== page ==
Thus, the teaching of Shimon HaTzadik that the world stands on three things, Torah study, the service of God, and the performance of acts of kindness, was specifically formulated to counter the influence of Greek thought on the Jewish people. It is therefore not be surprising that, many years later, when the Greek shmad began, the Greeks (with the advice of the Hellenistic Jews) focused specifically on attacking these three pillars.

Attacking the pillars of Torah and avodah (service) was fairly straightforward. They simply outlawed the study of Torah and the performance of the commandments, as well as contaminating the Temple and forcing the Jews to engage in idolatry.

But how, exactly, does one attack the pillar of gemilus chasadim – doing acts of kindness? What do you prohibit? Being nice? Lending money? Helping old ladies across the street?

The Greeks solved this problem with an insight that was as wicked as it was profound. The ultimate source of chesed – kindness – and love for one’s fellow is the home. The Sages describe a married couple as “רעים האהובים” – “loving companions” – the same language used in the verse (Leviticus 19:18), “ואהבת לרעך כמוך” – “And you shall love your fellow as you love yourself.” Charity – and all forms of kindness – truly does begin at home, for it is in the home that we first see in our parents what it means for people to truly give of themselves for another. It is with that model in our mind that we then go on to develop the underlying attitudes that are necessary for true chesed to exist in a society. Based on this recognition, the Greeks attacked the Jewish home, through decrees that were intended to undermine the relationship between husband and wife.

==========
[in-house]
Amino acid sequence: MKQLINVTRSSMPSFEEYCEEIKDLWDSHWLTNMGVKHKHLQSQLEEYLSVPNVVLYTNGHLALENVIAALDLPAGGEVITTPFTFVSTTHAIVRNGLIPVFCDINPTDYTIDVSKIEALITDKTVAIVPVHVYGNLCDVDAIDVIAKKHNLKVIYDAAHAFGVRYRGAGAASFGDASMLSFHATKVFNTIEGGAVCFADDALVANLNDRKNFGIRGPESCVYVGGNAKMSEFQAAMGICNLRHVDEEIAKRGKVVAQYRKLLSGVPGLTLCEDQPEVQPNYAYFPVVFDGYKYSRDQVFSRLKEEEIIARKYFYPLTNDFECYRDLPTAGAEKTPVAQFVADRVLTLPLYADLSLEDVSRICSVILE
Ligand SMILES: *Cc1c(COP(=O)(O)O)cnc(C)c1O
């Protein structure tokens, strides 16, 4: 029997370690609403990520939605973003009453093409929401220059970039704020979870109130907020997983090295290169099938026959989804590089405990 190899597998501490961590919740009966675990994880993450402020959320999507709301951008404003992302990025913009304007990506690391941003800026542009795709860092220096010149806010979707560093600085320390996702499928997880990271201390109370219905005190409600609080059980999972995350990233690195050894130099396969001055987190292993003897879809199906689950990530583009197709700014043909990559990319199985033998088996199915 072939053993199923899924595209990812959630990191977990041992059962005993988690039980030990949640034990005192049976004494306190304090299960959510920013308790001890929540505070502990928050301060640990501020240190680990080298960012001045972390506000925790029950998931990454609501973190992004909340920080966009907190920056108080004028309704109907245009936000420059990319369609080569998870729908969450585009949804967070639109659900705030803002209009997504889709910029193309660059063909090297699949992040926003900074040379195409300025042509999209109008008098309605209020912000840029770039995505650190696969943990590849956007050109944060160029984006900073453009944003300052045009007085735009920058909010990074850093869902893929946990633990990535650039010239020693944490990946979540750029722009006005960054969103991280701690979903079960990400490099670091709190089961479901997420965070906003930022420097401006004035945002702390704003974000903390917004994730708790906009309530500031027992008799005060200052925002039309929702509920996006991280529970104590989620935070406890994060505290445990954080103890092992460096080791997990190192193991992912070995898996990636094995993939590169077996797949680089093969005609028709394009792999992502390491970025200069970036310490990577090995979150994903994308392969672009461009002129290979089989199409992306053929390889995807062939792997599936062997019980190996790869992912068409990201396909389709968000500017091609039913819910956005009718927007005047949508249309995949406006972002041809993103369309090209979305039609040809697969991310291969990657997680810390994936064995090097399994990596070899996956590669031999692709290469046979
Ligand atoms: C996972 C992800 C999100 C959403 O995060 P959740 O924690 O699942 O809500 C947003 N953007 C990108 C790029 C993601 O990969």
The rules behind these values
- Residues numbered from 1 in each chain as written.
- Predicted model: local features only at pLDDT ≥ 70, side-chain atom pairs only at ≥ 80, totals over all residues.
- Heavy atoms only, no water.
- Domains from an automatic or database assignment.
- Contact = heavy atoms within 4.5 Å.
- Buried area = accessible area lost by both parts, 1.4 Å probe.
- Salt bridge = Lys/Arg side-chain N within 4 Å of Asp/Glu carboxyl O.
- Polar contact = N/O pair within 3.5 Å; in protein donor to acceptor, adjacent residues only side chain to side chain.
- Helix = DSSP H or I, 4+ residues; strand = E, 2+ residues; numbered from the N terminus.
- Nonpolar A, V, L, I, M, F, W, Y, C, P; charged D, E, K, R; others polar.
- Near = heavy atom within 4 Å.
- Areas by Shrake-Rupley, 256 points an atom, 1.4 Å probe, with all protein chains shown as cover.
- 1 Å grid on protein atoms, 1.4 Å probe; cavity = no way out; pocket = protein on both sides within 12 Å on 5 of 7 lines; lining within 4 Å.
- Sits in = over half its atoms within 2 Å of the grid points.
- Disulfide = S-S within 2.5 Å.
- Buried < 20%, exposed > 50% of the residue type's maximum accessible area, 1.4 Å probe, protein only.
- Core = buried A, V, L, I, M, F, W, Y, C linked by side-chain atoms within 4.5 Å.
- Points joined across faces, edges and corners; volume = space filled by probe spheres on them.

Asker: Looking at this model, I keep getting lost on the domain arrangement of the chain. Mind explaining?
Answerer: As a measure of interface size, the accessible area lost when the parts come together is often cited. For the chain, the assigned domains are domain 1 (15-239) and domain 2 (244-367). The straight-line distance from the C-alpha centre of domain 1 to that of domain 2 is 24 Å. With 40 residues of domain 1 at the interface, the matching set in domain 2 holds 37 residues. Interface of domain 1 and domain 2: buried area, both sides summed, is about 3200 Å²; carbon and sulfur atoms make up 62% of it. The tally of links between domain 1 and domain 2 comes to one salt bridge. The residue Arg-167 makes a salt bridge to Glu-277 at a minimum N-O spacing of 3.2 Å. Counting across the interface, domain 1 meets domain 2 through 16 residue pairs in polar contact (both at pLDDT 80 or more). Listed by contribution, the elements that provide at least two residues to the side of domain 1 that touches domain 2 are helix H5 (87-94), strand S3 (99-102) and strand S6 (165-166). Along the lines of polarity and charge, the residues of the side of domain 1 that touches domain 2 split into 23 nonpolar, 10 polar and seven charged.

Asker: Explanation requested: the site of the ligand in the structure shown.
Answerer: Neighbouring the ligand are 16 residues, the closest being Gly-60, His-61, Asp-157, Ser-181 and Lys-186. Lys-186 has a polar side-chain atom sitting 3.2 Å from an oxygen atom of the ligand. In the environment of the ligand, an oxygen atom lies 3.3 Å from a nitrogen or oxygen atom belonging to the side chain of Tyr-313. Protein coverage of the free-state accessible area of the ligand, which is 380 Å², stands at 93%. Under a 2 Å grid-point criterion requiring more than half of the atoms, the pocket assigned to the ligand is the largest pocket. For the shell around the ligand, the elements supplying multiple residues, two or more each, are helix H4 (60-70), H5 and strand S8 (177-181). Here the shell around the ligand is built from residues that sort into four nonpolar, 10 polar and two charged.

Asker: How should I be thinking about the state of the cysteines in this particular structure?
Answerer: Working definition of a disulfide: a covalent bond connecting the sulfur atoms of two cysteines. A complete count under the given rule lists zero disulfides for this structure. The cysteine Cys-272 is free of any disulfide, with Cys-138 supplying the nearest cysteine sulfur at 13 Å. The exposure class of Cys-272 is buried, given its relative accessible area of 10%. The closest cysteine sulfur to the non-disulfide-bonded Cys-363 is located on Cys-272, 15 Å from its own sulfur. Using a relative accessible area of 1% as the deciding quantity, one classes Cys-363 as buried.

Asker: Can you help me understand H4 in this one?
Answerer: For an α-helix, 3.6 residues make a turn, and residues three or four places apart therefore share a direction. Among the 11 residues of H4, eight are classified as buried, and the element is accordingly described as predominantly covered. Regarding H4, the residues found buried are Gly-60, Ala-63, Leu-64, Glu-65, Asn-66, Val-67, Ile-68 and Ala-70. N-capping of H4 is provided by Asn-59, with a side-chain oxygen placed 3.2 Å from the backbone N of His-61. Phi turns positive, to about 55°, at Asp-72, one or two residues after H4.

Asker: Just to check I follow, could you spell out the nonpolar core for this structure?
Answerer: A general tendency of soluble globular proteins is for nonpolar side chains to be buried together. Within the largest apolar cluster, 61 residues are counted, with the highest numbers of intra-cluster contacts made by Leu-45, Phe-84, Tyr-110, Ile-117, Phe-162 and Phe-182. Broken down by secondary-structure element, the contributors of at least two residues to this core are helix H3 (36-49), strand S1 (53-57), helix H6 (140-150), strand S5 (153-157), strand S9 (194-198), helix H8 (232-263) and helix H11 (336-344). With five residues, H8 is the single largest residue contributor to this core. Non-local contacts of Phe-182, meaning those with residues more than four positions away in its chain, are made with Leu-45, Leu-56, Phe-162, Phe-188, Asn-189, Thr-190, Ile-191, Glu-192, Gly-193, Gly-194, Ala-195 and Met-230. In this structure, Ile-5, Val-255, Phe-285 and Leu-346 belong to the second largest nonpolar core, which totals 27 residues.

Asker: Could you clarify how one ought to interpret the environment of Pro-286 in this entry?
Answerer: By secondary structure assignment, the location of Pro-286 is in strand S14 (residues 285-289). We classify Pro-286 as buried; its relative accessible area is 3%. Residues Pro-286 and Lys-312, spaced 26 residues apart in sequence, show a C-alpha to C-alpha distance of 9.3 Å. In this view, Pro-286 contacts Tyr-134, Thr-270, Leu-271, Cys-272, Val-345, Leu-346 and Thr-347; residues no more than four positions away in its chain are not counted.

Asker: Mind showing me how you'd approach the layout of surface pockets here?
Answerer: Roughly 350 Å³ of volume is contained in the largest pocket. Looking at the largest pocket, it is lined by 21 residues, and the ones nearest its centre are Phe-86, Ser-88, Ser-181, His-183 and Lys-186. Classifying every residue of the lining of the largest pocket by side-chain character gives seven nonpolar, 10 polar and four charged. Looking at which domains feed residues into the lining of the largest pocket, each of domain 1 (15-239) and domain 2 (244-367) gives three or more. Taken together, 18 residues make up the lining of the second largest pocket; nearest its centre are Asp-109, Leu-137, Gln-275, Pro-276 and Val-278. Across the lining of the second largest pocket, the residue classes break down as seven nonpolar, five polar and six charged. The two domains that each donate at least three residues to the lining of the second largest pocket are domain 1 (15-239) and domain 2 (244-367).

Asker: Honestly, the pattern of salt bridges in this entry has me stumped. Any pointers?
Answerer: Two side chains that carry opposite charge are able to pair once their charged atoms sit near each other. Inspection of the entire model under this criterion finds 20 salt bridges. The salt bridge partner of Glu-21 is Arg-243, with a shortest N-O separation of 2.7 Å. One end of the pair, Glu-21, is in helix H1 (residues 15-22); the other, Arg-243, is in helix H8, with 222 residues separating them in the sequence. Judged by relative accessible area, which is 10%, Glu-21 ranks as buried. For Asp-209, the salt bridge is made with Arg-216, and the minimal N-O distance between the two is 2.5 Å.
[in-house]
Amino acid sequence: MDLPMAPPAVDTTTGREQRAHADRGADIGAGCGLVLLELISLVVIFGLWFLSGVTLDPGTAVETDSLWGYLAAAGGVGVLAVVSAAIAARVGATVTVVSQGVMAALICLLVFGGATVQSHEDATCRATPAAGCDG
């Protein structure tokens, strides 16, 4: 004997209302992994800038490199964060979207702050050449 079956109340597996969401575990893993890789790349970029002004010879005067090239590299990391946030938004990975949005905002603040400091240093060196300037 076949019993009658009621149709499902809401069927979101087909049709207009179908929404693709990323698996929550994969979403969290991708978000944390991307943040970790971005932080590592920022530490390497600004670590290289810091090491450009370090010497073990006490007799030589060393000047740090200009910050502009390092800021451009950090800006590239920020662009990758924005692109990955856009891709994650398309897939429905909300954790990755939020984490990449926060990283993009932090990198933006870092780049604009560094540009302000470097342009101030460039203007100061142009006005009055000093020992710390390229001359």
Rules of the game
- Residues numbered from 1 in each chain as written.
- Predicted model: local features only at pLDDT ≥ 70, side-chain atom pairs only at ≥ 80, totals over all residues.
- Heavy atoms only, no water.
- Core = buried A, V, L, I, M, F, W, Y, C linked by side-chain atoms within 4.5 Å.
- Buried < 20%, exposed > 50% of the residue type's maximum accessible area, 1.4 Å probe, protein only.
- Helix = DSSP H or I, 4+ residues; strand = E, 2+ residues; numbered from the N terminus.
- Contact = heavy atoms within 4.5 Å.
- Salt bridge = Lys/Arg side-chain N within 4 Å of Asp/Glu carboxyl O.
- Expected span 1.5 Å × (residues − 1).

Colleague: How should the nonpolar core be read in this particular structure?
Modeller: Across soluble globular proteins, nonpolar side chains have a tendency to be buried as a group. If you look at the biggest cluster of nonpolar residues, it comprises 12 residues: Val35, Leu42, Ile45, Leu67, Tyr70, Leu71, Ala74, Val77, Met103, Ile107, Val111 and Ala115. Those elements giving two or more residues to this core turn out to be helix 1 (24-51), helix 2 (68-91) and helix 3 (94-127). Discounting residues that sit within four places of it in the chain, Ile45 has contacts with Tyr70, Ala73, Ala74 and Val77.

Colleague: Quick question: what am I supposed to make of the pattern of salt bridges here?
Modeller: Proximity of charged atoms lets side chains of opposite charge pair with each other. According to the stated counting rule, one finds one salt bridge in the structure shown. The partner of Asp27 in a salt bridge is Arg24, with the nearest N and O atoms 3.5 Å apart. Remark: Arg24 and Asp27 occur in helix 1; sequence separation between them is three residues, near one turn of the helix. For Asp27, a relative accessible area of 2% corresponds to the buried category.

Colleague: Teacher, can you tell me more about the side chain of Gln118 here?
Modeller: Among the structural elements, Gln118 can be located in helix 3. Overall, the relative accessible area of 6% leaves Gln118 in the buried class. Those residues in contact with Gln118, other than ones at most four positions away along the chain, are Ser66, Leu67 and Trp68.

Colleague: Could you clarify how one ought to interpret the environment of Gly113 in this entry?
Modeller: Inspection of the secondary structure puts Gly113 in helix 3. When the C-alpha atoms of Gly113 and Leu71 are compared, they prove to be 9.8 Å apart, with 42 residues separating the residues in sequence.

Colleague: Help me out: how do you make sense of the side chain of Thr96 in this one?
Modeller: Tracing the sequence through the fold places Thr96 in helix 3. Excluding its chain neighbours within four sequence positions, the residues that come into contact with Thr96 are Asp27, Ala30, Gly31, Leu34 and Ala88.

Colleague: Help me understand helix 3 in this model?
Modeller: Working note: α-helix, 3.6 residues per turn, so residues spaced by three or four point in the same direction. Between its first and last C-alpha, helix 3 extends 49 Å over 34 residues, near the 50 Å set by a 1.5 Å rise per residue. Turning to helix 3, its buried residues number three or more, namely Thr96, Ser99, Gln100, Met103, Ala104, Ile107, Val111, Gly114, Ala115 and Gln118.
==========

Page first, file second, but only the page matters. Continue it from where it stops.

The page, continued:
On Chanukah we celebrate the miraculous victory that ended the Greek shmad and freed us to once again fully observe the laws of the Torah. It is a time for us to reinforce our commitment to the three pillars of Shimon HaTzadik. It is a time for us to recommit ourselves to the study of Torah, the service of God, and to doing acts of kindness. And, just as our enemies recognized in ancient times, we too must bear in mind that chesed – kindness – begins at home, especially in the relationship between husband and wife.